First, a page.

The fall in stockpiles has boosted oil prices

06.09.2019 10:50|Daniel Kostecki

Over the past three days, volatility in the oil market, has been very high. From a low of September 3 to a high of September 5, oil has risen by more than 9 percent, trying to break the consolidation that has been forming since the beginning of August.

Oil prices may reach the highest weekly increase since mid-July. This is associated with a greater than expected decline in inventories in the United States and the likelihood of a return to trade negotiations between the US and China next month. Oil prices are influenced by stockpiles and production data on the one hand, and trade conflict information on the other. If the conflict escalates, chances for a global economic slowdown or recession are likely to increase, and this may reduce oil demand, which in turn may lead to lower oil prices. If the trade conflict can be eased, the slowdown could be smaller, the fall in demand too, and this could have a positive effect on the price of oil.

This week, we are observing both the demand impulse from the decline in inventories and the hope that the next talks could ease the trade war. According to EIA data released on Thursday, September 5, oil stocks fell by almost 4.8 million barrels last week. The market consensus assumed a decline of 2.48 million. For three weeks, US oil inventories fell to around 423 million barrels in the period to August 30, falling to the lowest level in over 10 months, according to data from the Energy Information Administration.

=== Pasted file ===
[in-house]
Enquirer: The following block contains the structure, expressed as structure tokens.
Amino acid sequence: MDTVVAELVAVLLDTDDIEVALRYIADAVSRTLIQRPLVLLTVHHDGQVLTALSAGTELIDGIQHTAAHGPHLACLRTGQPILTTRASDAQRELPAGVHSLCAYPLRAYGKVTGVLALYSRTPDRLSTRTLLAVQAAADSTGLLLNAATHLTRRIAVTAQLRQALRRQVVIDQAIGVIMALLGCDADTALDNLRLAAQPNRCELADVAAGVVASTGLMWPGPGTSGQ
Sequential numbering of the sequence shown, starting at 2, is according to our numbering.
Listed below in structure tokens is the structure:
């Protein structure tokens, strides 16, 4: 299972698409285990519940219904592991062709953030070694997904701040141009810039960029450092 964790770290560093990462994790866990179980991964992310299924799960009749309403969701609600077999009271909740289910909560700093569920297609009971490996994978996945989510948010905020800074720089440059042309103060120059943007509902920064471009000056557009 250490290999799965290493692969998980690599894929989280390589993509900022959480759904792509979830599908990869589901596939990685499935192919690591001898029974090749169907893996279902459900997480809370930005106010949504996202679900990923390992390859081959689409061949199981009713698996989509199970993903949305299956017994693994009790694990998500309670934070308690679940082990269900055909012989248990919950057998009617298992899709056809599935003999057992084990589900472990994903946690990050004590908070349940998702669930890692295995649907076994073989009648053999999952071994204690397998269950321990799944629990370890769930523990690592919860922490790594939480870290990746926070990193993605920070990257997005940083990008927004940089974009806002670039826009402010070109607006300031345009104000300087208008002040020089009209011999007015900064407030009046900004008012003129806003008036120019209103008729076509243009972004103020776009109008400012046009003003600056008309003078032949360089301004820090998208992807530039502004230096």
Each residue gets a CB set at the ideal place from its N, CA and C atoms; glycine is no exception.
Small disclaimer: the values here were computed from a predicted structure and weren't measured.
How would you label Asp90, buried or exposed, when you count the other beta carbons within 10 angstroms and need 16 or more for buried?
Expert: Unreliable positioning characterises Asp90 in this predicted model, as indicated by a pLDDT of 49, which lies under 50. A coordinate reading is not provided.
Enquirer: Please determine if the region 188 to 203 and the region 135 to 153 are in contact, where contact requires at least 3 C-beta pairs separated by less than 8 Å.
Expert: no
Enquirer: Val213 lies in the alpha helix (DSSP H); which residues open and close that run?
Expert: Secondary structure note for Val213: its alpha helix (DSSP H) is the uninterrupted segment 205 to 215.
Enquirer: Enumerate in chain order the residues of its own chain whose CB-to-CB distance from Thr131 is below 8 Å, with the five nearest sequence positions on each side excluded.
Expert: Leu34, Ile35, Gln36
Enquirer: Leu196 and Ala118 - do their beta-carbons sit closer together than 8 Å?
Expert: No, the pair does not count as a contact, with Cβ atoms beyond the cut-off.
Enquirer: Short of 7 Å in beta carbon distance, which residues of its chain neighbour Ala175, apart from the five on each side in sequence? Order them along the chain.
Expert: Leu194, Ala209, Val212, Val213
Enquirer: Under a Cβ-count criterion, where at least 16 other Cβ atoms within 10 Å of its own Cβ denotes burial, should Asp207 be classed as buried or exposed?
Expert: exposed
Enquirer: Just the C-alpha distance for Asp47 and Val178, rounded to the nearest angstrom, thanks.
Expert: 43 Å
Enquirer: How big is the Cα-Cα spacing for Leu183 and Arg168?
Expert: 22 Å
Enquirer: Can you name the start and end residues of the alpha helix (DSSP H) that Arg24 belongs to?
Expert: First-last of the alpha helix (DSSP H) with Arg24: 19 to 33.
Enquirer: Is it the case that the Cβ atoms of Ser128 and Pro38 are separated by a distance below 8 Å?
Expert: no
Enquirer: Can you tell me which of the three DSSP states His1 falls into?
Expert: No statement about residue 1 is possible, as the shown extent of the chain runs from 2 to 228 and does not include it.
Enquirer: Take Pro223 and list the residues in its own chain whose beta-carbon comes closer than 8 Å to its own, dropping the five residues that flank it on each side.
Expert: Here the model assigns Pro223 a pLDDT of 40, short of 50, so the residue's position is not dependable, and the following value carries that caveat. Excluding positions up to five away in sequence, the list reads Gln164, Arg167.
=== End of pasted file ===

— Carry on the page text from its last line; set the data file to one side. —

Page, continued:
According to the Chinese Ministry of Commerce, Chinese Vice Premier Liu He agreed to visit the United States in early August. Such a statement was to appear during a Thursday telephone conversation with US representatives. This meeting would have to do with the intention of the Donald Trump administration to raise tariffs from October 1. Investors can now wait impatiently for the October meeting in Washington.

Today in the macroeconomic calendar the most important reading will be the publication of data from the US labor market: NFP, unemployment rate or average hourly earnings. The data package from the USA will appear at 14:30 and may have a significant impact on the US dollar and Fed decision in the second half of September.


Daniel Kostecki, Chief Analyst Conotoxia Ltd.

Materials, analysis and opinions contained, referenced or provided herein are intended solely for informational and educational purposes. Personal Opinion of the author does not represent and should not be constructed as a statement or an investment advice made by Conotoxia Ltd. All indiscriminate reliance on illustrative or informational materials may lead to losses. Past performance is not a reliable indicator of future results.

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